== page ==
I've come across on the internet some domains getting prefix of ww2 or ww3 approximately (ww2.somedomain.com, ww3.yourdomain.com). Which happen mostly when travelling from the page to page. What will be the reason of getting such subdomains? Can there be anything special about the subject or could they be yet another sub domain? I am talking about, could they be helpful in a particular context?

Only agreed to be curious to understand. Thanks.

People running large(-ant) sites i did so this when they have to split up the burden between several server. One machine could be known as world wide web then the next could be known as www2, etc.

Today, far better load balancing solutions can be found that do not need you to expose your internal machine naming conventions towards the browser clients.

Technically, the initials prior to the primary domain title (e.g. the "mail" in mail.yahoo.com) could be best regarded like a machine title, determining the net server/mail server, whatever. They are able to also identify several machines (an internet farm).

Therefore the person accumulating that machine can refer to it as anything they need. The initials world wide web really are a (somewhat arbitrary) convention.

Oftentimes, ww can be used to point a specific server of some shown servers. If correctly set up, I possibly could have world wide web.mydomain.com indicate my site on the load balancer, as i can use ww1, ww2, ww3, etc to gain access to the website guaranteed from the specific LBed server.

I can tell 3 options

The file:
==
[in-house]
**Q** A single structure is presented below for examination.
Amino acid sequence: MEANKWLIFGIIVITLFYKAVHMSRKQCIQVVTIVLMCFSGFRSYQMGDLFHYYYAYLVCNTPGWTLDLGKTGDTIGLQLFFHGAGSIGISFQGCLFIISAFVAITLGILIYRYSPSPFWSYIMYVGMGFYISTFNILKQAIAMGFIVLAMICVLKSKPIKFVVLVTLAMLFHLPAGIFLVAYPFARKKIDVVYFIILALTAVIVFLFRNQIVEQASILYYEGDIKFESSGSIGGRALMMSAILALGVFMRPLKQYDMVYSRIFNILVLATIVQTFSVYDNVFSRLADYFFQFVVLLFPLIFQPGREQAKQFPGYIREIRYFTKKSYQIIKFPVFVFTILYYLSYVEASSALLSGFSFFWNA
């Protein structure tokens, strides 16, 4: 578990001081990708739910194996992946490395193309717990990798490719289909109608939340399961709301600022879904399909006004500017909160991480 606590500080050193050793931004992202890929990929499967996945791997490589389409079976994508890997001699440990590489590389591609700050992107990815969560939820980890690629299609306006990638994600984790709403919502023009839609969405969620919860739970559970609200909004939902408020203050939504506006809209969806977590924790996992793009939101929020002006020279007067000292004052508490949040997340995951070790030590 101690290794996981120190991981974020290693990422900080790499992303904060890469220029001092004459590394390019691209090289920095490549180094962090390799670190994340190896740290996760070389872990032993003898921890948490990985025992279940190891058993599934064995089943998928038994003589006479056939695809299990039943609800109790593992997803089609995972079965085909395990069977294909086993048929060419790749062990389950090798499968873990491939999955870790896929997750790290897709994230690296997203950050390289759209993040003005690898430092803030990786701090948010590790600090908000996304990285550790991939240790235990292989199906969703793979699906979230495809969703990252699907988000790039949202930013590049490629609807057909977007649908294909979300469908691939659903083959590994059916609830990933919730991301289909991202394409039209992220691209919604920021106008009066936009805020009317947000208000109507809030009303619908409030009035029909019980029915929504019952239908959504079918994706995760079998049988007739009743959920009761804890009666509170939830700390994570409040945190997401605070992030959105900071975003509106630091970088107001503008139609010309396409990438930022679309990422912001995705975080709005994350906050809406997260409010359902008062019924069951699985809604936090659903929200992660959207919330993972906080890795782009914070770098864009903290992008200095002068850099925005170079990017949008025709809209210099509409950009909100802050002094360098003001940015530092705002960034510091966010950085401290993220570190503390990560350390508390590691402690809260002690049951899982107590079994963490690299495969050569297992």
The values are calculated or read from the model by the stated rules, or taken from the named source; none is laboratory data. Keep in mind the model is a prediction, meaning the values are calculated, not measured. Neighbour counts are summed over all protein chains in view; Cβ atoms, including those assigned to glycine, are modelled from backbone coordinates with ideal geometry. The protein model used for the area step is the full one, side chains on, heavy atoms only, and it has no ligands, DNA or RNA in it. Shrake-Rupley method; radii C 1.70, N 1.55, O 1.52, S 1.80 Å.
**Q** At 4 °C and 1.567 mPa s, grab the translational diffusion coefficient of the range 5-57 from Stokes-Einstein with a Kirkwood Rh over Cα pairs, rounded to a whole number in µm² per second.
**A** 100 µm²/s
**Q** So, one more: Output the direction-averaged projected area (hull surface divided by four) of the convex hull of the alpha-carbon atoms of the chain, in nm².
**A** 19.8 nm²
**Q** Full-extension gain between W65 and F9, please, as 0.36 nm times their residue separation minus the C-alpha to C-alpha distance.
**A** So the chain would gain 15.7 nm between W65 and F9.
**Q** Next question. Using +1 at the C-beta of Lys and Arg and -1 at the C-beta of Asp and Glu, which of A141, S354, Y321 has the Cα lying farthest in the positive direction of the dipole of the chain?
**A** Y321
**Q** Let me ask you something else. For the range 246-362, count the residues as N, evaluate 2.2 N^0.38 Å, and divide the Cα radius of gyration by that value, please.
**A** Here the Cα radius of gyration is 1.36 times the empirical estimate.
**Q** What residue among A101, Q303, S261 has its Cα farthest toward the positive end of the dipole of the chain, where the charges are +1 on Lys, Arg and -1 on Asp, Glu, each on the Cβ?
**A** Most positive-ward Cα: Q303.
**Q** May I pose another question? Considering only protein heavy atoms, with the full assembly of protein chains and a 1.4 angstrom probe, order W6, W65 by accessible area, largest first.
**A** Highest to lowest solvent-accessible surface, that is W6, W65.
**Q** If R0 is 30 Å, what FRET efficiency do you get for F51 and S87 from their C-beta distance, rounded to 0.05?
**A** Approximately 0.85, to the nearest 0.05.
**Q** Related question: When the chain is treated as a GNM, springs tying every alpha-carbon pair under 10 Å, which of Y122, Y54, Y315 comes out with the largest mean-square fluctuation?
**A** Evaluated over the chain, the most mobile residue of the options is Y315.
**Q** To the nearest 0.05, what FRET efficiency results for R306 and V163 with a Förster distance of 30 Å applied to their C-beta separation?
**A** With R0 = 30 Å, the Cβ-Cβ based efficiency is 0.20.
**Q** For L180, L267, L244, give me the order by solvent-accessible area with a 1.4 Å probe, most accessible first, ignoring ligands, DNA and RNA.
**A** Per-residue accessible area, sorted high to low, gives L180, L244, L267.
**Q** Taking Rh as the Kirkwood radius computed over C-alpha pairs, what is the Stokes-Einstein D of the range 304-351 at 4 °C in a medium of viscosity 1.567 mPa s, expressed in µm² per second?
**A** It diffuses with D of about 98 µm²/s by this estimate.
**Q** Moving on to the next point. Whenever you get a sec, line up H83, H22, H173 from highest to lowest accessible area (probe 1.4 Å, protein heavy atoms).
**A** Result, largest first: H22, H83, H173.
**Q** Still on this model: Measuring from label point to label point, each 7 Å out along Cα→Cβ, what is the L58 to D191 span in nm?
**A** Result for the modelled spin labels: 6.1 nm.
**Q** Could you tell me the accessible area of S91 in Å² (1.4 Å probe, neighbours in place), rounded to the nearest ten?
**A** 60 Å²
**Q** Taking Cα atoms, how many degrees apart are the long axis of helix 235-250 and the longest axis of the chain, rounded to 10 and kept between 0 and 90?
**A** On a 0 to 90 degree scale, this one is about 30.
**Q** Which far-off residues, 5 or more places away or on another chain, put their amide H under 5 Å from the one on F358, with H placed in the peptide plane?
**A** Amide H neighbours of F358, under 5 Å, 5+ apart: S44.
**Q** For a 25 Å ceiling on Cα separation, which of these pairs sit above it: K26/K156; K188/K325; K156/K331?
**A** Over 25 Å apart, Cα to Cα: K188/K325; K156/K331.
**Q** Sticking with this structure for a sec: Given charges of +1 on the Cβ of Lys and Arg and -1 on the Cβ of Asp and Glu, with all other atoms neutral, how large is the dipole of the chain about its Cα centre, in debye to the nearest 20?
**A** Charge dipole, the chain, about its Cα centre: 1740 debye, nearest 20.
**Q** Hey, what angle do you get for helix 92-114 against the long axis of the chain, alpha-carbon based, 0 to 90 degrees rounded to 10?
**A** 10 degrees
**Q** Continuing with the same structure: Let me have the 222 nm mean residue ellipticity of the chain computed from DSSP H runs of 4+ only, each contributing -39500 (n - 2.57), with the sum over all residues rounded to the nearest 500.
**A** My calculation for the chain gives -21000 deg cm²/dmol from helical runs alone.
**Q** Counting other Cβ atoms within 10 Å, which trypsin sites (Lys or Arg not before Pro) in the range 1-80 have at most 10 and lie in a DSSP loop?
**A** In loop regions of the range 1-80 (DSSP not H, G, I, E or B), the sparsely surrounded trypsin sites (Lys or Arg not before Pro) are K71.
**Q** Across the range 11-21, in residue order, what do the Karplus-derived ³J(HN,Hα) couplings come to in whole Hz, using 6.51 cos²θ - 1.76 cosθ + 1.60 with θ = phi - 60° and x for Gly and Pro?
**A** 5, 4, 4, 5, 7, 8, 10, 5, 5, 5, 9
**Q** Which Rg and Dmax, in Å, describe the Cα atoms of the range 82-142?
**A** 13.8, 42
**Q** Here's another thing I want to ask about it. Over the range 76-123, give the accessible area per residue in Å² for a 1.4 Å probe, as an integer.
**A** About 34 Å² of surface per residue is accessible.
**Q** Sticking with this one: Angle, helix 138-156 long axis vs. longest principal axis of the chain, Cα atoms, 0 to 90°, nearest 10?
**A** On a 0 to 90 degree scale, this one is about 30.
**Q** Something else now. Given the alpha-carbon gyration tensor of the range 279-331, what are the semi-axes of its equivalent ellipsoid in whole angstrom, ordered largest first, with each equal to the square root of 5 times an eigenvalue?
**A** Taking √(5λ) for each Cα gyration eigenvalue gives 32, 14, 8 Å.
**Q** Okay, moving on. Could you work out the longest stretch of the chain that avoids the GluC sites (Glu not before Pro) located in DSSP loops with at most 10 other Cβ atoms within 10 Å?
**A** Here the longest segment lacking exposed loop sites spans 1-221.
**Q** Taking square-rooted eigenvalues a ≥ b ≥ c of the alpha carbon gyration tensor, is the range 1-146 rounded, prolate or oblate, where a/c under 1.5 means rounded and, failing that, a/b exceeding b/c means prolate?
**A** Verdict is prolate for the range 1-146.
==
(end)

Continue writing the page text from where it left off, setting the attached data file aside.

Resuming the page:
• result in the browser load assets more faster. the browser would open a set quantity of link with same domain to not load the server
  • they're using more the other server to allow them to share the burden between servers
  • separate some content to some separate virtual host or server. some type of organization ...

Typically it is a partitioning strategy. When sites get sufficiently large they can't run (or run well) on one server after this you have to check out solutions for scaling the applying out flat (ie more servers) instead of up and down (ie bigger servers).

Some example partitioning methods are:

  1. Certain customers always employ certain servers. This is often arbitrary or according to some criteria (user type, geographic location, etc)
  2. Whenever a user will get a session that session is designated to particular server (sometimes known as "sticky periods" even though this may also be used where such different machines are transparent) and
  3. Certain activities will always be on certain machines.

nothing special, they are utilized if you want them....